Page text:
Prices in health care vary widely even within the same local market and for similar tests and treatments. This reflects differences among providers in their ability and willingness to leverage bargaining power against private insurers. For their part, consumers and patients often have been indifferent to price since they have been well covered by insurance.
Partly in response to this variation and escalation in prices, employers and insurers have been raising the cost sharing requirements for patients using these services. The most common form of cost sharing is the annual deductible, where the enrollee must pay the first part of total annual expenses before receiving financial protection from the insurer. Deductibles have been rising from modest levels (e.g., $250 per year) to $2,000 and up to $5,000 per year. These high-deductible health plans have been increasing in use among both employment-based and individually purchased insurance.
The dilemma posed by high deductibles is that the consumer cannot avoid paying a significant amount except by not using the service at all. This lack of adherence and compliance can have deleterious effects on health status, productivity, and other important endpoints.
As an supplement or alternative to deductibles, some employers and insurers are adopting principles of reference pricing from European pharmaceutical policies. In Europe, reference pricing is primarily a strategy by payers for obtaining discounts and rebates from producers. However, in the United States, reference pricing is primarily a strategy to influence patient choice of provider.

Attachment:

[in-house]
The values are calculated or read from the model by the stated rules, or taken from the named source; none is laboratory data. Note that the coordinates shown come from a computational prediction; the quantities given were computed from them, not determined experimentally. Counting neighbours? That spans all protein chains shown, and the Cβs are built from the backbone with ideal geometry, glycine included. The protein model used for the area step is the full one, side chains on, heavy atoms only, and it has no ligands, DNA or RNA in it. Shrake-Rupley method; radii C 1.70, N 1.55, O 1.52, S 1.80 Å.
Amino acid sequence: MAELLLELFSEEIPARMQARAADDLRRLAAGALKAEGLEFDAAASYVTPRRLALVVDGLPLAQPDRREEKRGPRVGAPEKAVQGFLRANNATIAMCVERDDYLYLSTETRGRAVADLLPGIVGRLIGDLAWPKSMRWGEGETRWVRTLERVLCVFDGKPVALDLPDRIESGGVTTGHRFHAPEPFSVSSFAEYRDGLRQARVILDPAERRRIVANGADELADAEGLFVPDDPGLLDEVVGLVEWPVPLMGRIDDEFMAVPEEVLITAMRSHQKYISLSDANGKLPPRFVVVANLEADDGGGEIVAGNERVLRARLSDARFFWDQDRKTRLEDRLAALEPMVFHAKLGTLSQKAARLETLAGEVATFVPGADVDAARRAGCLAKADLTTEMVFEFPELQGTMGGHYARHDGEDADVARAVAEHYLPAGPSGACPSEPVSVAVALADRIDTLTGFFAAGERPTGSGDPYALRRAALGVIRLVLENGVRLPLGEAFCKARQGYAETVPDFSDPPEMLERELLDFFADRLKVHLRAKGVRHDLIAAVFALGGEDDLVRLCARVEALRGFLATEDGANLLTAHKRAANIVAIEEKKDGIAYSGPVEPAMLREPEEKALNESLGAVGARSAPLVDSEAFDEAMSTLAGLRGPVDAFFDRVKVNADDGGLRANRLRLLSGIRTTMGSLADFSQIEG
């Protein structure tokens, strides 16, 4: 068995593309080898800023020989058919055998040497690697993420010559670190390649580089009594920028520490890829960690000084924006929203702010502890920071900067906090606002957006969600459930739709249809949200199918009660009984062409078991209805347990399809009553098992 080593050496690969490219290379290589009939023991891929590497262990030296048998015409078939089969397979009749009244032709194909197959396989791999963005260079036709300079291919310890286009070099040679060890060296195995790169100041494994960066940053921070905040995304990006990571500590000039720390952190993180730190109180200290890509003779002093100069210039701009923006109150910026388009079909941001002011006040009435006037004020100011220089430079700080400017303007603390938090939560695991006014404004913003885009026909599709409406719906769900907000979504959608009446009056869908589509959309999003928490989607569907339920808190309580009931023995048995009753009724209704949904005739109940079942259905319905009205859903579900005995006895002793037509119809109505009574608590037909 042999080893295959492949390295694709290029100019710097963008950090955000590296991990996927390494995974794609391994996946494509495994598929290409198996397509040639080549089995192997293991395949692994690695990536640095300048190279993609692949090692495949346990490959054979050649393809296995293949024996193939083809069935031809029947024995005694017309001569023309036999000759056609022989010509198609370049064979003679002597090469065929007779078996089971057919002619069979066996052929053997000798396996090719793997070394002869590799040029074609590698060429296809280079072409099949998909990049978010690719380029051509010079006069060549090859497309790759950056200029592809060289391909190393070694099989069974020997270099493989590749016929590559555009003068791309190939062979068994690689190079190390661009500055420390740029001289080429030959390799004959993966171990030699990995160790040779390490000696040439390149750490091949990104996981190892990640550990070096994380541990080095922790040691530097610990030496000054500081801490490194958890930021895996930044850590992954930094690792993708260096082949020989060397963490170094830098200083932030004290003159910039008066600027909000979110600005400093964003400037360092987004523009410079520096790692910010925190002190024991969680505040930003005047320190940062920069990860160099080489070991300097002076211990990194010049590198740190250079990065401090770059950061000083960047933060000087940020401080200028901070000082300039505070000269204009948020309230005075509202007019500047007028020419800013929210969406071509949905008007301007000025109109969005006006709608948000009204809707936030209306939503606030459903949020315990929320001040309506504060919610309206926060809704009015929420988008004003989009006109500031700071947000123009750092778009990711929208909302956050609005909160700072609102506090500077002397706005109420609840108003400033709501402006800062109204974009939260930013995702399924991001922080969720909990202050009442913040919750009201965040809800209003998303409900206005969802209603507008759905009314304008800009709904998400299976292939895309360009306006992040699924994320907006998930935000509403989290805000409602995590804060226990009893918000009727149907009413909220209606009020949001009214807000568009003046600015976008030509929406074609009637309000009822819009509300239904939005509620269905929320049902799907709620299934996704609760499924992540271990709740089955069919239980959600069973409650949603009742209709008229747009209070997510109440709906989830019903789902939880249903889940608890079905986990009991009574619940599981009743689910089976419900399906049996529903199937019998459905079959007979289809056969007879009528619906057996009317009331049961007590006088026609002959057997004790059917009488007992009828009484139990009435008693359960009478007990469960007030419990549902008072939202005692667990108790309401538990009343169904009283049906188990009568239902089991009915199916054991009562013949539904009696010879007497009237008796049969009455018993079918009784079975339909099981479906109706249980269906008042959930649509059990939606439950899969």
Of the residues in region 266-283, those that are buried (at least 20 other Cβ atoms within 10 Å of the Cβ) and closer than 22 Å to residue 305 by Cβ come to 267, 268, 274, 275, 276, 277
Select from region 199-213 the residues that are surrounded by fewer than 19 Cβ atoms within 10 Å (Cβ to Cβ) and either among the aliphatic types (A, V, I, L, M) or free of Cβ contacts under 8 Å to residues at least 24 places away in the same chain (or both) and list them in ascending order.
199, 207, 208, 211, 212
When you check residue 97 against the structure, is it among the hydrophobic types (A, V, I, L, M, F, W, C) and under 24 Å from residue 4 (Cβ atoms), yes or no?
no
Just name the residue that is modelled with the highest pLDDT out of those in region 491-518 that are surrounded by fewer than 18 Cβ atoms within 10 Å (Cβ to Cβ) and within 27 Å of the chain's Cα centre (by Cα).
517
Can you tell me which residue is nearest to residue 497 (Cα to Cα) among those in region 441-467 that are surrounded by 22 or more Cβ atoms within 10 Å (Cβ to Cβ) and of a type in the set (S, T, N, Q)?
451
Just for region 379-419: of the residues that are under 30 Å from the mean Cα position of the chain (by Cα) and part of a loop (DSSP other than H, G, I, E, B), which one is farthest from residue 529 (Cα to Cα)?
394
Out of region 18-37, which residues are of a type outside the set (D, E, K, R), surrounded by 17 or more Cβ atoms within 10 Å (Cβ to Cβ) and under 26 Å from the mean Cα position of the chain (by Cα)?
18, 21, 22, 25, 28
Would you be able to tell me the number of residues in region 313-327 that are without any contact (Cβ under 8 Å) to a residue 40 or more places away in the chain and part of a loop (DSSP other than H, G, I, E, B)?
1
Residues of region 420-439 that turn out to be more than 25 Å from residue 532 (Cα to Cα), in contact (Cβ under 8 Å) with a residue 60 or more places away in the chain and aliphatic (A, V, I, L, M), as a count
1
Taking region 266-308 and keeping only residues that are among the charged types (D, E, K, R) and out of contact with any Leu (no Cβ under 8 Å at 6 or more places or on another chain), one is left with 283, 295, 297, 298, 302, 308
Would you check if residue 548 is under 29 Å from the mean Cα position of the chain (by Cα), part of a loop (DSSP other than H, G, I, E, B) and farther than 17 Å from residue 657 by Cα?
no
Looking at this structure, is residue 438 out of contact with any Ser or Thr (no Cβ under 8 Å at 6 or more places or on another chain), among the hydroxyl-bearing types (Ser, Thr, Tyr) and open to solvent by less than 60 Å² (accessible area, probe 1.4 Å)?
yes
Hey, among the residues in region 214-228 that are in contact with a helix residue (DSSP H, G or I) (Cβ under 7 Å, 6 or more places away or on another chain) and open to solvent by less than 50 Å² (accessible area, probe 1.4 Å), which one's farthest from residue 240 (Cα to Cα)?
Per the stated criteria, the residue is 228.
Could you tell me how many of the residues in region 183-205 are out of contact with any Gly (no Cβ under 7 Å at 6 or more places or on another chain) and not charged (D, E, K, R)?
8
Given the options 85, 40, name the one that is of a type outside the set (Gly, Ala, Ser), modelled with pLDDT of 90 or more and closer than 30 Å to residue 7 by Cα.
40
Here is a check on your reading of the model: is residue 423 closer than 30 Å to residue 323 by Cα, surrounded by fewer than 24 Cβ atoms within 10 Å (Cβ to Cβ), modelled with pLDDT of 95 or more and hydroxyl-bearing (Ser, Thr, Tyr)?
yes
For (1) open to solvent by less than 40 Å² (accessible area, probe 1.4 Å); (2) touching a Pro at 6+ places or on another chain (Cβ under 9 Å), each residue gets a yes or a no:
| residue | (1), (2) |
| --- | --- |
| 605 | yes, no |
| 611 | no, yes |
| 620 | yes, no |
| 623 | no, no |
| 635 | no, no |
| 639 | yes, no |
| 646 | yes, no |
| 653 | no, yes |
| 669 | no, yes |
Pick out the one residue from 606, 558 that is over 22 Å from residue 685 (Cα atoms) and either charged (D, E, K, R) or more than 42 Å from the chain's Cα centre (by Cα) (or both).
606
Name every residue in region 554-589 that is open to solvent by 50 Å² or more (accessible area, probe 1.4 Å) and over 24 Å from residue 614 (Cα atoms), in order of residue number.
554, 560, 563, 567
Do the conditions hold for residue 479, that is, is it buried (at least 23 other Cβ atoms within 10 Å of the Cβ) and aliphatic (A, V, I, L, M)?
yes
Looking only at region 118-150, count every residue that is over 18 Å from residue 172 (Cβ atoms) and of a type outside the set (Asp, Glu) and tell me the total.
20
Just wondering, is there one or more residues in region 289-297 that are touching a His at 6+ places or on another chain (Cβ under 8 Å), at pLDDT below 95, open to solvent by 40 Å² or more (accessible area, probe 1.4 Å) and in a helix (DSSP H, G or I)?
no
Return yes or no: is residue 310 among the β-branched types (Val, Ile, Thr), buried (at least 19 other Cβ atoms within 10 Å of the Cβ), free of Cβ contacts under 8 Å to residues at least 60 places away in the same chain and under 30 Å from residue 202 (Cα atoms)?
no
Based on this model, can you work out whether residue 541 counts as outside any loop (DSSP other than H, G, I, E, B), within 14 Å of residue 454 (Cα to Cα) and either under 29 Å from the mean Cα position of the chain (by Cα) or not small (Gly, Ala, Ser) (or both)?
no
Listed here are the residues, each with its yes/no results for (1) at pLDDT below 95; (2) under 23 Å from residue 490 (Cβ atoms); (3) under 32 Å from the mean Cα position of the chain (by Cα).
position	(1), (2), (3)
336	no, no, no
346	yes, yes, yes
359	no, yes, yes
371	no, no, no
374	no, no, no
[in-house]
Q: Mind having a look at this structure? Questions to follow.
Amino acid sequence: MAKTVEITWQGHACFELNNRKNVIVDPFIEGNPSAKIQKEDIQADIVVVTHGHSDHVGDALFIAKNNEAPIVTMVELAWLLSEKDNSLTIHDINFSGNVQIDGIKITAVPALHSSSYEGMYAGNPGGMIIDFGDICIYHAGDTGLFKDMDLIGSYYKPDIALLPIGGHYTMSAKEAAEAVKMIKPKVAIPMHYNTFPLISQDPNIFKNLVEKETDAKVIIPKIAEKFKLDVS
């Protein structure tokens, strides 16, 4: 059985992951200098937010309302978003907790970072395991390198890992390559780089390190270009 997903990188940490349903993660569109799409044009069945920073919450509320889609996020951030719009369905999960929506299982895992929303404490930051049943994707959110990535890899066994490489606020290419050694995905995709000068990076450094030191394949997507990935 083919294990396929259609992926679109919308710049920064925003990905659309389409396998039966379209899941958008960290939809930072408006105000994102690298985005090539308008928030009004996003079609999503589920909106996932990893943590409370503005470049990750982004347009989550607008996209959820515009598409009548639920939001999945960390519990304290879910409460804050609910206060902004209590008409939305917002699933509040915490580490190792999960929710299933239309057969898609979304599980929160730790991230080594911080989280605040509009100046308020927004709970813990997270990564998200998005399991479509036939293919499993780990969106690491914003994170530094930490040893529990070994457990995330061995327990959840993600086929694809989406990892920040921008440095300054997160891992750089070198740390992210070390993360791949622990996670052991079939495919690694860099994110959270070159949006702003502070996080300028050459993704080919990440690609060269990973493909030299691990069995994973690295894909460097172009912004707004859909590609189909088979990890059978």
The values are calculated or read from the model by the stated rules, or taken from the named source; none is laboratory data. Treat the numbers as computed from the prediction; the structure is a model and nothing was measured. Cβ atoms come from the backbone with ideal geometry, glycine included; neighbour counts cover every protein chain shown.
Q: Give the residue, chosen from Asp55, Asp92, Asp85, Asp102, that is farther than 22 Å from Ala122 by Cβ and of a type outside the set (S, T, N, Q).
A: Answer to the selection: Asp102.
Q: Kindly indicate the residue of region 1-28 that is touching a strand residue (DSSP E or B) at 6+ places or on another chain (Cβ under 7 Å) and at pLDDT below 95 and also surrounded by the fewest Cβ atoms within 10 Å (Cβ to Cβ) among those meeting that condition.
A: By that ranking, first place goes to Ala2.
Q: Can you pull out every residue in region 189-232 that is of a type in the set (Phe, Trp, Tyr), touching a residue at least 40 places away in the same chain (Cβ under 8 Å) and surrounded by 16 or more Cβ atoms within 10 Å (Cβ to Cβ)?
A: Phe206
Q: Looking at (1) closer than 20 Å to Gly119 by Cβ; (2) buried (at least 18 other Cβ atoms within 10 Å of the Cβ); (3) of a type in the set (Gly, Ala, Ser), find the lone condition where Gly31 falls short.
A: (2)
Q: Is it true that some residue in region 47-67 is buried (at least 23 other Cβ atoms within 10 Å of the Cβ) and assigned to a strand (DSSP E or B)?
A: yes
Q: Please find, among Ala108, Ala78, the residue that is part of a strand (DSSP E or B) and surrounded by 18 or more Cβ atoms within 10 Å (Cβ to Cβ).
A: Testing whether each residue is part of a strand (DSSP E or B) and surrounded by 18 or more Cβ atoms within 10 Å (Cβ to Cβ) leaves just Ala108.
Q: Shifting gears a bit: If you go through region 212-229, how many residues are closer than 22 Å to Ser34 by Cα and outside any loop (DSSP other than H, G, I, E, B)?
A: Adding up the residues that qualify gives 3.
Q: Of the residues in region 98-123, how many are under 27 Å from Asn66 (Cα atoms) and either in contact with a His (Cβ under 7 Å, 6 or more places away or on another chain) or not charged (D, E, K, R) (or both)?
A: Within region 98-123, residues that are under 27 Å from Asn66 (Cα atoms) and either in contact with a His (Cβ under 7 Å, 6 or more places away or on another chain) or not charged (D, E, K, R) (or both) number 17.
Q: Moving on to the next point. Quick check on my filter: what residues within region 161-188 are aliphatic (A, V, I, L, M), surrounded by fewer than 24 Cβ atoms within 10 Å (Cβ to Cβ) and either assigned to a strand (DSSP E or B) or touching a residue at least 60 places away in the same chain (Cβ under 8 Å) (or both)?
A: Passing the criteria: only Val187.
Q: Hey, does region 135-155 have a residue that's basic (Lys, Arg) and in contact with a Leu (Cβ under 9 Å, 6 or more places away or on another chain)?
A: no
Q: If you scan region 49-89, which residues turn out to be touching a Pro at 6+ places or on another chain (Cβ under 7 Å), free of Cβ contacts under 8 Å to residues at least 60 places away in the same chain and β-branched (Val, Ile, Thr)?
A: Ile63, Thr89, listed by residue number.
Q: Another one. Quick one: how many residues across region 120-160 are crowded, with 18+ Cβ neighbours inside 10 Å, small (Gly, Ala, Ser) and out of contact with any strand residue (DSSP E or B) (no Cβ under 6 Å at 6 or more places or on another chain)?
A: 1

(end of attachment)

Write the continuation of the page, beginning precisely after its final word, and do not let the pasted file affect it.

Under reference pricing, the employer or insurer establishes a maximum that will be paid for a particular test or treatment, typically choosing a value the between the median and the 80th percentile in the distribution of prices in the local market. (This is termed the “reference price” though a better term would be “reference-based payment limit”). Employees (and insurance enrollees) receive full coverage if they select a provider charging less than or equal to the reference price. However, if a higher-priced provider or product is selected, the employee or enrollee must pay the full difference between the reference price and the negotiated price.
Reference pricing differs from high-deductibles as an employer strategy for moderating health care prices. Under a deductible-based strategy, the employee is responsible for all costs up to the defined deductible limit, after which the insurer begins payment. Under a reference-pricing strategy, the employee is fully covered up to the reference price limit, after which he or she must cover the difference. The reference price set a level high enough so that at least half the provider prices are below the limit and hence accessible to employees without further out-of-pocket payment.
The variability in prices charged for in vivo diagnostic tests is illustrated in Figure 1 for diagnostic and screening colonoscopy. Each dot in the Figure represents the average price paid for a colonoscopy at a hospital outpatient department (HOPD) or ambulatory surgery center (ASC) in California in 2011. The red dots represent the relatively low-priced ASC while the red dots represent the relatively high-priced HOPD. These data reflect prices paid by CalPERS, the California Public Employees Retirement System.
In January of 2011, CalPERS implemented reference pricing for screening and diagnostic colonoscopy, setting its payment limit at $1500 for HOPD and assuring full coverage at ASC. In the following two years, the percentage of employees obtaining their procedure for low-priced freestanding centers, compared to high-priced hospital-affiliated outpatient centers, increased from 70% to over 90%, as illustrated in Figure 2. Choices between freestanding and hospital-based diagnostic centers did not change for California enrollees in Anthem Blue Cross, a comparison category of patients who were not subject to reference pricing during this period.